Some days, people can work for ten or 12-hour days. On other days, they can work shorter hours to add more free time during the day. Working six hours (or even four hours) can be beneficial if people need to take care of personal things.
If someone wanted to work a four-day week, those hours could be possible. For example, I was working on a 4-10 schedule (four 10-hour workdays). Also, work two 12-hour days along with two 8-hour days to add up to a 40-hour workweek.
Either way, it can allow an extra day off if people prefer to work longer hours on some days. Some people are willing to have three days off compared to two days.
Mid-day breaks from work
One other option would be to allow longer breaks in the middle of the day. If it’s what some people prefer, they can start earlier and work later if allowed. It may not sound like the best one, but some people might like longer breaks.
If longer breaks allow people to get personal things done, it might be beneficial for them. An everyday schedule would be working from 8 am-noon, followed by a two-hour break (noon-2pm). After the break, they would work the other half from 2 pm-6 pm. It might be a long day, but the long break in the afternoon would open up more free time.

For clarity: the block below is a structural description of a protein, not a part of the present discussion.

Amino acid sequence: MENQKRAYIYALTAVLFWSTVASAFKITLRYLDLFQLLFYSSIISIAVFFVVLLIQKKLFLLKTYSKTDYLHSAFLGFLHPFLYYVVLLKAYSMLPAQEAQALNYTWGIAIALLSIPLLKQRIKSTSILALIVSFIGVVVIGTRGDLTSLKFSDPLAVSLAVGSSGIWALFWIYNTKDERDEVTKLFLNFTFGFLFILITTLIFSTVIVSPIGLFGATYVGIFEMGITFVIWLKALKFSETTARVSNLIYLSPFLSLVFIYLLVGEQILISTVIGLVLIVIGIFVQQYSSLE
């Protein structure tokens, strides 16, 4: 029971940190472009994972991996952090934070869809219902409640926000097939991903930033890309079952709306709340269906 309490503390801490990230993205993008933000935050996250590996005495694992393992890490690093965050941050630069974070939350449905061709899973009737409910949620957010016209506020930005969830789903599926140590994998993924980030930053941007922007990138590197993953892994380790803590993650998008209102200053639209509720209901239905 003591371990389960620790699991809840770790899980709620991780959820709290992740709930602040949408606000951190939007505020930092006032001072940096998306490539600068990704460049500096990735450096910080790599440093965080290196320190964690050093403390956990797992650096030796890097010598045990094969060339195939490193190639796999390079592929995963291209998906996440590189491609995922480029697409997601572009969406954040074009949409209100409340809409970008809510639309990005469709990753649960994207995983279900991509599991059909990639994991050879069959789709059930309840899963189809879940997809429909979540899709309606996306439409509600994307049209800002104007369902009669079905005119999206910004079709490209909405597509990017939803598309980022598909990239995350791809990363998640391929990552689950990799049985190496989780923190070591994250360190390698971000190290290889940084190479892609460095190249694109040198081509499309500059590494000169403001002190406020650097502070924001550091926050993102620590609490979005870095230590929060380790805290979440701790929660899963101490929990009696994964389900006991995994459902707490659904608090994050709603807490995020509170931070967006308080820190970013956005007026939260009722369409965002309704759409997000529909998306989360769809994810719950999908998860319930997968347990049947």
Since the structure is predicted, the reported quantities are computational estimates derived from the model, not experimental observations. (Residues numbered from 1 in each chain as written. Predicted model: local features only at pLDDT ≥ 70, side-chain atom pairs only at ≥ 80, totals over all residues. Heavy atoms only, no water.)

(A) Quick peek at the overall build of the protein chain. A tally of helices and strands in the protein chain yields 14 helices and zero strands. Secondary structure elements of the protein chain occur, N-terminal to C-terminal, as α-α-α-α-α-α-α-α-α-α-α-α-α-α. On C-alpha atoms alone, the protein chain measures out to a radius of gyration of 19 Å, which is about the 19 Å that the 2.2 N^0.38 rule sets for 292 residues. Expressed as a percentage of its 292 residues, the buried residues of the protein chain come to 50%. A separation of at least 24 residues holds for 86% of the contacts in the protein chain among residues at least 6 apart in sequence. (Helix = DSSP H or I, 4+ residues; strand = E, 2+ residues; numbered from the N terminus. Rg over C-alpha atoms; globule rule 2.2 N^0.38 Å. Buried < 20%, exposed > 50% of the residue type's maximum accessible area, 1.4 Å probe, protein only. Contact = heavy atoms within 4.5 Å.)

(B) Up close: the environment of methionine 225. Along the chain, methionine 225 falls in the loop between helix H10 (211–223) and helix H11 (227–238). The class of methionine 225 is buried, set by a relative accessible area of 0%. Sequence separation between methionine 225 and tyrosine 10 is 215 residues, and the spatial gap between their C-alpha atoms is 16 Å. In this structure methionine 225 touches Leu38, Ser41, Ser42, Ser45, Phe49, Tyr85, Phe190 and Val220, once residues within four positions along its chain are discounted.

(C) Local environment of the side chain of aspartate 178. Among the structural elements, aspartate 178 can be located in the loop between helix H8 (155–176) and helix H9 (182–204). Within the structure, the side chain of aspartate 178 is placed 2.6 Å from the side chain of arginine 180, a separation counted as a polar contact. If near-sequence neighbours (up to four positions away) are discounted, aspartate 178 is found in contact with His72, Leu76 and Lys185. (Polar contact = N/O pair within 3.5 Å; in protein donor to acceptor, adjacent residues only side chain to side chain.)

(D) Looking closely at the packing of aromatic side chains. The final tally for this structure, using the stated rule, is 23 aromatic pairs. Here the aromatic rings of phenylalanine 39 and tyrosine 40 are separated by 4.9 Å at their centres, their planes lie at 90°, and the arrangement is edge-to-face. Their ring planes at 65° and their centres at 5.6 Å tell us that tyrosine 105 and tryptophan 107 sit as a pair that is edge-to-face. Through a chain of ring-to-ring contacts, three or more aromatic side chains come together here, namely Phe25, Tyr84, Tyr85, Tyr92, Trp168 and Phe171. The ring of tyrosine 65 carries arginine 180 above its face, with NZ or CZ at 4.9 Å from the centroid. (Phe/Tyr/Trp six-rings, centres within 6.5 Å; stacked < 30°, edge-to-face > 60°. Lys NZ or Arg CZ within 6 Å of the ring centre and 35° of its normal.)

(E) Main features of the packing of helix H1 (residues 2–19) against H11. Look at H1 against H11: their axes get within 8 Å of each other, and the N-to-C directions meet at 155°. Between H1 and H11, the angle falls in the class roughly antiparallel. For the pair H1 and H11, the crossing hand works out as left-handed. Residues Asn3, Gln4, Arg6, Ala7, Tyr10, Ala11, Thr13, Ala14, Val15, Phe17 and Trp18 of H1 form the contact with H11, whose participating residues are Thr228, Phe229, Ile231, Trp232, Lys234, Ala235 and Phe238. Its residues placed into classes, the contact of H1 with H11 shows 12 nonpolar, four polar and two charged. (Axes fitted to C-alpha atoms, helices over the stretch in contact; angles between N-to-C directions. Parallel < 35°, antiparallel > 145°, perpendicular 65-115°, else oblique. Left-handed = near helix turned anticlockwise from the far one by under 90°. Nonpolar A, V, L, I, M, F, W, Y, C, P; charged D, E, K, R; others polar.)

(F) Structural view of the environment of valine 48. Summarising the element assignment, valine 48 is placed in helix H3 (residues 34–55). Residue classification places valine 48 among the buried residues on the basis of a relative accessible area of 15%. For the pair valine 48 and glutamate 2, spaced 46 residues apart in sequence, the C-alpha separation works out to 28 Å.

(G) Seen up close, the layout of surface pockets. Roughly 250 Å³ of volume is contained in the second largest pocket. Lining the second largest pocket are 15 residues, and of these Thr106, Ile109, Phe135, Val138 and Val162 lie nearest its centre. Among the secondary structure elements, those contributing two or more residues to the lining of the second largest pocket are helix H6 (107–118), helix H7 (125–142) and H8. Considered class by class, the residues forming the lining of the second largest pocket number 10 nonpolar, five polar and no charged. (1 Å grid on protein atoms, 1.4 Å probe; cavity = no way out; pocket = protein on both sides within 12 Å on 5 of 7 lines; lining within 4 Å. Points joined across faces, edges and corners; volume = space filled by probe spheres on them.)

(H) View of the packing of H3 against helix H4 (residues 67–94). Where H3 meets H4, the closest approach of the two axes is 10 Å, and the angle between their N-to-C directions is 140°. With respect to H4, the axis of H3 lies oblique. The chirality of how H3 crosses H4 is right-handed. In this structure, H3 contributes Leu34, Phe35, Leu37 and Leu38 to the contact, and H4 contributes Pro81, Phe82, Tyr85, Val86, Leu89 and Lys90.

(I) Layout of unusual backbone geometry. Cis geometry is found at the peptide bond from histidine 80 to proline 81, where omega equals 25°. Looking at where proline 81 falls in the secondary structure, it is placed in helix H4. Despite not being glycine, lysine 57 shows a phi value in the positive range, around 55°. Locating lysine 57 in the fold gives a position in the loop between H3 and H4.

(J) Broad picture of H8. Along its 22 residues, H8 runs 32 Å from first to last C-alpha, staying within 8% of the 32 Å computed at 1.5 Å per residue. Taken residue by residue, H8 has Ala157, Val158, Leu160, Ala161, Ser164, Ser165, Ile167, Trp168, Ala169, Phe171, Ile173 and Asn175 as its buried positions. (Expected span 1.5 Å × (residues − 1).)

Overall, these are common flexible work examples that can help with work-life balance. It can improve boost productivity with some people working fewer hours or being on non-traditional schedules. Also, the idea of being adaptable is essential to have in the workplace. If you’re willing to be versatile, the better you’re able to embrace changes later on.
There will be many changes in the workplace moving forward. If it’s going to mean more partial remote work or staggered work schedules, it might help improve the way work is performed.
Who knows, maybe productivity will go up if these options are implemented in the long-term. But it’ll be worthwhile seeing what will take place in the years to come. Flexibility is viewed more positively these days, so it’ll be a matter of time.
Do you think there should be more flexible work options available? If offered, which one of the examples would you be interested in trying out?
Leave a comment below and please share this post with others.
Eric is a time management consultant and owner of the blog, quitkillingtime.com. He takes great pride in helping people manage their time, personally and professionally. Eric is a firm believer in time freedom, as he believes in taking ownership of time. “Time is your most important asset. It can be your best friend or worst enemy. How you use your time can shape the future you desire to have.” In his leisure time, Eric loves to write and read whenever possible. He likes to go for long walks out in nature and been taking Zumba classes every week at his local gym. You can follow Eric via Facebook and LinkedIn.